Dresser: Glue-up

Published Friday, January 24, 2020 by Bryan

The feet were the start of the avalanche. It was time to make the rest of this project three-dimensional. Six pieces would be glued to each other, and two would float in captured grooves.

I had thought through the process at every stage of planning and construction to this point. Then I drew a diagram, and redrew it, and then briefly considered other methods as I started. In the end, the right answer was to borrow an extra pair of hands, so that multiple joints could be managed at once.

That is, referring to the diagram above, 1-3 got me to this point:

The rest of the plan might have worked if I had a large enough space to lay the dresser down on its face. Instead, I had to prepare 4-6 together:

And then fit 1-3 with it:

This is where my choice of glue became important. In previous projects, I've stuck with standard PVA wood glue. This has generally been a good choice, but it has a relatively short time between application and setting. With so many joints going together at once, I needed lots of extra time to apply the glue to each surface and then to get all the surfaces into their final position. So for this portion of the project, I switched to liquid hide glue. In addition to a basic long open time, hide glue can also be readjusted by warming it to temperature, so even if I got stuck (sorry!) I would have a second chance.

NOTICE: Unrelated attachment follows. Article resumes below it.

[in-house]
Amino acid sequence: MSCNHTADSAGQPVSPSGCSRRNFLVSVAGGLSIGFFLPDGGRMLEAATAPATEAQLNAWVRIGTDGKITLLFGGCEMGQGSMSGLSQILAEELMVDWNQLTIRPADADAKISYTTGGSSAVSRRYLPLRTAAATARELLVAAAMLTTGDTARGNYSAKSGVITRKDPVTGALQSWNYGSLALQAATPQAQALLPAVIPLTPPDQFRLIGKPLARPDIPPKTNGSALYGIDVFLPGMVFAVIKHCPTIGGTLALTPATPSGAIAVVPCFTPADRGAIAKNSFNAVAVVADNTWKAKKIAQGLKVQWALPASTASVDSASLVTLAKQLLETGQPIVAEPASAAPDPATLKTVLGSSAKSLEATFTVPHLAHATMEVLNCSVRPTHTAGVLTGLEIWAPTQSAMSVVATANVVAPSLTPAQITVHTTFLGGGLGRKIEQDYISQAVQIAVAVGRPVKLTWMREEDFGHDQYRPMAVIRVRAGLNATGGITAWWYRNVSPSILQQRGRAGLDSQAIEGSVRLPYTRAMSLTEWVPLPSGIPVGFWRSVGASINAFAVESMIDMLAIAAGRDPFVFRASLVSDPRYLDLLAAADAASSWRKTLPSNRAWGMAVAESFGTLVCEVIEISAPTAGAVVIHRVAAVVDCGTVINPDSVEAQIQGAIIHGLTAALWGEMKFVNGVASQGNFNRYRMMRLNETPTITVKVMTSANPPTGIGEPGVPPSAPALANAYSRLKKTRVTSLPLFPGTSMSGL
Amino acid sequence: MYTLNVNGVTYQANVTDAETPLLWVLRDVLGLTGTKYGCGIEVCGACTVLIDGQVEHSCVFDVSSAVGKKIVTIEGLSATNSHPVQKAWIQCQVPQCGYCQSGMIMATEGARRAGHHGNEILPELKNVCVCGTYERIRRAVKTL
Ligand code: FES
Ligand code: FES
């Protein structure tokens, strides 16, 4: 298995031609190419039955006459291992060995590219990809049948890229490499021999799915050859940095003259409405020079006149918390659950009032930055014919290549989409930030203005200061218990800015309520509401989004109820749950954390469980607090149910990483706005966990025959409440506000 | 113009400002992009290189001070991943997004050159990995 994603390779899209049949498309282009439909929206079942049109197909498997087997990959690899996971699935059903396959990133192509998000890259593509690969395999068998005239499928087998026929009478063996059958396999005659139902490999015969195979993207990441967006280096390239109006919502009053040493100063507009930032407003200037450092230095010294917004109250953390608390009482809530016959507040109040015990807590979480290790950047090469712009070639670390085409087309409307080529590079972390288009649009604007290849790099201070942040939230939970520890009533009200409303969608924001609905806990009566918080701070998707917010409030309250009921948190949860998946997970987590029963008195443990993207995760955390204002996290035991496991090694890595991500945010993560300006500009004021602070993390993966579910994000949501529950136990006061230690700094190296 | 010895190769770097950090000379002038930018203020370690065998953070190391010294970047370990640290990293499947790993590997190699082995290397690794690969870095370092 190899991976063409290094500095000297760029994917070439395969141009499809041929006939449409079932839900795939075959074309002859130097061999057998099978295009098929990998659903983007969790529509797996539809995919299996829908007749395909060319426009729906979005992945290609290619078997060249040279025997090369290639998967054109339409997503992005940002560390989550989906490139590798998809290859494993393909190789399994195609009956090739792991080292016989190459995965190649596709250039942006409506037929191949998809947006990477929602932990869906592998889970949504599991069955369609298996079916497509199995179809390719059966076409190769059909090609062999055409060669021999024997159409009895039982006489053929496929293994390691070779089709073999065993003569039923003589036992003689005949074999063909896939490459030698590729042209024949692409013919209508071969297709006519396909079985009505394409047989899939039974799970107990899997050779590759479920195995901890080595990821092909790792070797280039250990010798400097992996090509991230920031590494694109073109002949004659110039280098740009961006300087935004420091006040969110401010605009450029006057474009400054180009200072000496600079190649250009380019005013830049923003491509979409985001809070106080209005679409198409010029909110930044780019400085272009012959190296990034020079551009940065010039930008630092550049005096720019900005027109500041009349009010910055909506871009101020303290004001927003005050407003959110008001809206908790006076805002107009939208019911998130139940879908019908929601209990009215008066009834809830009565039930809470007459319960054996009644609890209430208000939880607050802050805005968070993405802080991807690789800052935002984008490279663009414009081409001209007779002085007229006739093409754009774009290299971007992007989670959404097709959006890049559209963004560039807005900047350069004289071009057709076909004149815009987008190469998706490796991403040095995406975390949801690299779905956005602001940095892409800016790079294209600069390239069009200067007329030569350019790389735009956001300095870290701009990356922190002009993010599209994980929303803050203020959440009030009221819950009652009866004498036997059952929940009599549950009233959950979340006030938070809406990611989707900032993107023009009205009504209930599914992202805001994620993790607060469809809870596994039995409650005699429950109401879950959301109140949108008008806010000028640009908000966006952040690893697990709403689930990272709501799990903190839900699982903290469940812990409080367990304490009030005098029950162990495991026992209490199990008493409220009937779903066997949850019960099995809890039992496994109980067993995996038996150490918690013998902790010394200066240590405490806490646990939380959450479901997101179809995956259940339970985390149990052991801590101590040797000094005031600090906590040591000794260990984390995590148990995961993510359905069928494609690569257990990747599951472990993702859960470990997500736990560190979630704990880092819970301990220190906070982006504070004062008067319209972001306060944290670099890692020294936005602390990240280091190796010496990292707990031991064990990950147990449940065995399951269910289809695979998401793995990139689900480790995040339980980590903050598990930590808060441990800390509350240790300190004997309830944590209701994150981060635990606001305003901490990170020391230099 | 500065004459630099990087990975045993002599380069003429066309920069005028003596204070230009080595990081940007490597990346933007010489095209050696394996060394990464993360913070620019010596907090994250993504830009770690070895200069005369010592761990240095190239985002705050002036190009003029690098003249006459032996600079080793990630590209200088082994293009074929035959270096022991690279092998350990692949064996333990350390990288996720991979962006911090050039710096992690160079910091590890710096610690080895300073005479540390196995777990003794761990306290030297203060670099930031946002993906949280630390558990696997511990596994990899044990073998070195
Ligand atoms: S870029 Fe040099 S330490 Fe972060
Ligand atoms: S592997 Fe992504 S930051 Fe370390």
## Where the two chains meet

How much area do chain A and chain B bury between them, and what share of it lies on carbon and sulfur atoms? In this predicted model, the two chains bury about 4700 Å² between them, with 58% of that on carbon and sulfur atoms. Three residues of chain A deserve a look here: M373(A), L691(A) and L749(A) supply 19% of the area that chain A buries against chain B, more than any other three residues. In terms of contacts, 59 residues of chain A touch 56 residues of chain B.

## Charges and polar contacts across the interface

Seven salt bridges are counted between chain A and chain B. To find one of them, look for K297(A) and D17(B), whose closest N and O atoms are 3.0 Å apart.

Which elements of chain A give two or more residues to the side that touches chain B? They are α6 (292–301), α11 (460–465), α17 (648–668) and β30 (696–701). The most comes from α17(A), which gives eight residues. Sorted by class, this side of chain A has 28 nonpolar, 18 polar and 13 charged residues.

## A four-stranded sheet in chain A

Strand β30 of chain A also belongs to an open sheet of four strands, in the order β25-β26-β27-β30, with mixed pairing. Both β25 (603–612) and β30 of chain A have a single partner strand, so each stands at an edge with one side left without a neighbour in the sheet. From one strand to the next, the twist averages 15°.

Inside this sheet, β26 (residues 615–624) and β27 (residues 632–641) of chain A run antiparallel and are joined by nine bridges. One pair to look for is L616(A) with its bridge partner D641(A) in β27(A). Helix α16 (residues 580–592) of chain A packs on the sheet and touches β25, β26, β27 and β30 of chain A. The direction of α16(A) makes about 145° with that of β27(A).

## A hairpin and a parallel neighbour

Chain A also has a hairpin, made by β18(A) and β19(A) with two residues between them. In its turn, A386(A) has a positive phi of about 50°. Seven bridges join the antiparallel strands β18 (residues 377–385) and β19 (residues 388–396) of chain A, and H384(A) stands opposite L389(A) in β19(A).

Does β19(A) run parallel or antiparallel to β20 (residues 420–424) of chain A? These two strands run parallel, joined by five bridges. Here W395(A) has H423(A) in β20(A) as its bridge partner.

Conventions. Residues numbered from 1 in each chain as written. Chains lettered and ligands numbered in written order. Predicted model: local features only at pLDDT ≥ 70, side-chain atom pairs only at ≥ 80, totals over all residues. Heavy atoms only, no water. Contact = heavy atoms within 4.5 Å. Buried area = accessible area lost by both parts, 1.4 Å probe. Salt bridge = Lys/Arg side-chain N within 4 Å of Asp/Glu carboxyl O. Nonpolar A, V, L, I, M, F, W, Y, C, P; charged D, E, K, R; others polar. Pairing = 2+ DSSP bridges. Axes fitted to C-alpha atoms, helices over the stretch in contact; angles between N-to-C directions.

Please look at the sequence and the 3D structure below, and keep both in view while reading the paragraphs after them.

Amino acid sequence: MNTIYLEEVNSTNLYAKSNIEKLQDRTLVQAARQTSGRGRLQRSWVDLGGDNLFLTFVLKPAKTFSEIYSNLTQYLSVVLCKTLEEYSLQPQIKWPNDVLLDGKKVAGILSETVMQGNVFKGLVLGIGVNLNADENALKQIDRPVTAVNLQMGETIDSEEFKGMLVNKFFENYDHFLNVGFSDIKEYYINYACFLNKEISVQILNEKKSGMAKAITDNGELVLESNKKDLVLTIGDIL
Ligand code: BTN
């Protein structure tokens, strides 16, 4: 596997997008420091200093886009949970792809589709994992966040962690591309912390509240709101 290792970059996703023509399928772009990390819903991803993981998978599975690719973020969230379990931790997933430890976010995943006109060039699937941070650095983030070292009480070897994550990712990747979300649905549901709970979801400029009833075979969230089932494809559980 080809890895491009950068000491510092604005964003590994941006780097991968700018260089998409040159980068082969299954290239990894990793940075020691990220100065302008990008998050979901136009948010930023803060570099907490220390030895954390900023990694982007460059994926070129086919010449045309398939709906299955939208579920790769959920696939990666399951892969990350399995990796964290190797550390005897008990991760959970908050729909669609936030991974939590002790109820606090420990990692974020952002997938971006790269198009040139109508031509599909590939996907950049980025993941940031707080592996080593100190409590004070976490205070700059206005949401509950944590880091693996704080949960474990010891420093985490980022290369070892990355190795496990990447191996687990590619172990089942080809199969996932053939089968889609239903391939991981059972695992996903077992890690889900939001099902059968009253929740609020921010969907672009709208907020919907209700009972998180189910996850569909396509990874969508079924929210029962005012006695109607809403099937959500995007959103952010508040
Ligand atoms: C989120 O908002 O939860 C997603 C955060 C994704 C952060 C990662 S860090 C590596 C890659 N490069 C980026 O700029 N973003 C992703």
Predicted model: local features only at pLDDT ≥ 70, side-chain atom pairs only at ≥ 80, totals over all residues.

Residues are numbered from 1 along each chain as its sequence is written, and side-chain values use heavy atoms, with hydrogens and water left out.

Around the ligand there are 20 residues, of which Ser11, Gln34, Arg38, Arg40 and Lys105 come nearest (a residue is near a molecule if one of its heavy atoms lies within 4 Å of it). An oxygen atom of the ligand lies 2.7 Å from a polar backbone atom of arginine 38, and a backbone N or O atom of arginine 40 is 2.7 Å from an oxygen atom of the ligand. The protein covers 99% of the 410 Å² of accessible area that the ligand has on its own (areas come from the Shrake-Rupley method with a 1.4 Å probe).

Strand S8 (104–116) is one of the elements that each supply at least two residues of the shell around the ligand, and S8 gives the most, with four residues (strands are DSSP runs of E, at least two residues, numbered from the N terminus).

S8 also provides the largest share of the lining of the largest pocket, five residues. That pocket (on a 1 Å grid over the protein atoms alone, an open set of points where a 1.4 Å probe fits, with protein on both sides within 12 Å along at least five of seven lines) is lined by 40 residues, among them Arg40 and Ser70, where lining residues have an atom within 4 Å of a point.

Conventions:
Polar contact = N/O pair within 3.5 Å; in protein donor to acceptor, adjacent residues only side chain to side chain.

I warmed the bottle to about 130°F in a water bath, and then applied it to the joint surfaces, using a paint brush to ensure an even spread without too much mess. Fortunately, mess is another benefit of hide glue - in an experiment, it blended into the finish much better than the PVA I would have used otherwise:

Four wood clamps, each holding two small blocks of wood together. In front of each clamp is a different kind of glue.
Sample blocks glued up. Left to right: Titebond with new cherry dust, Titebond with old cherry dust, plain Titebond, Old Brown Glue.
For blocks of wood, each made of two smaller blocks glued together. The seams are face-up, and some are more visible than others.
Sanded to 220. Titebond is looking good because Old Brown Glue ran everywhere and darkened the endgrain.
Four blocks of wood, more richly colored. Some seams have vanished, while others have become more visible.
Light coat of mineral oil and beeswax applied. Old Brown Glue the clear winner because it vanished in the finish, instead of blocking the oil from the wood like Titebond.

With my wife's assistance, we got everything lined up and pushed together. The dovetails slid together nice and tightly with just a bit of clamping pressure. One more round of glue application, and the top followed.

It turned out that the square clamps were not truly necessary. The case stood square on its own. I attached them anyway, in case the glue created uneven pressure while curing.

Except for shaving the overhanging edges of the dovetails flush, the case is now complete. On to drawers!

Categories: Woodworking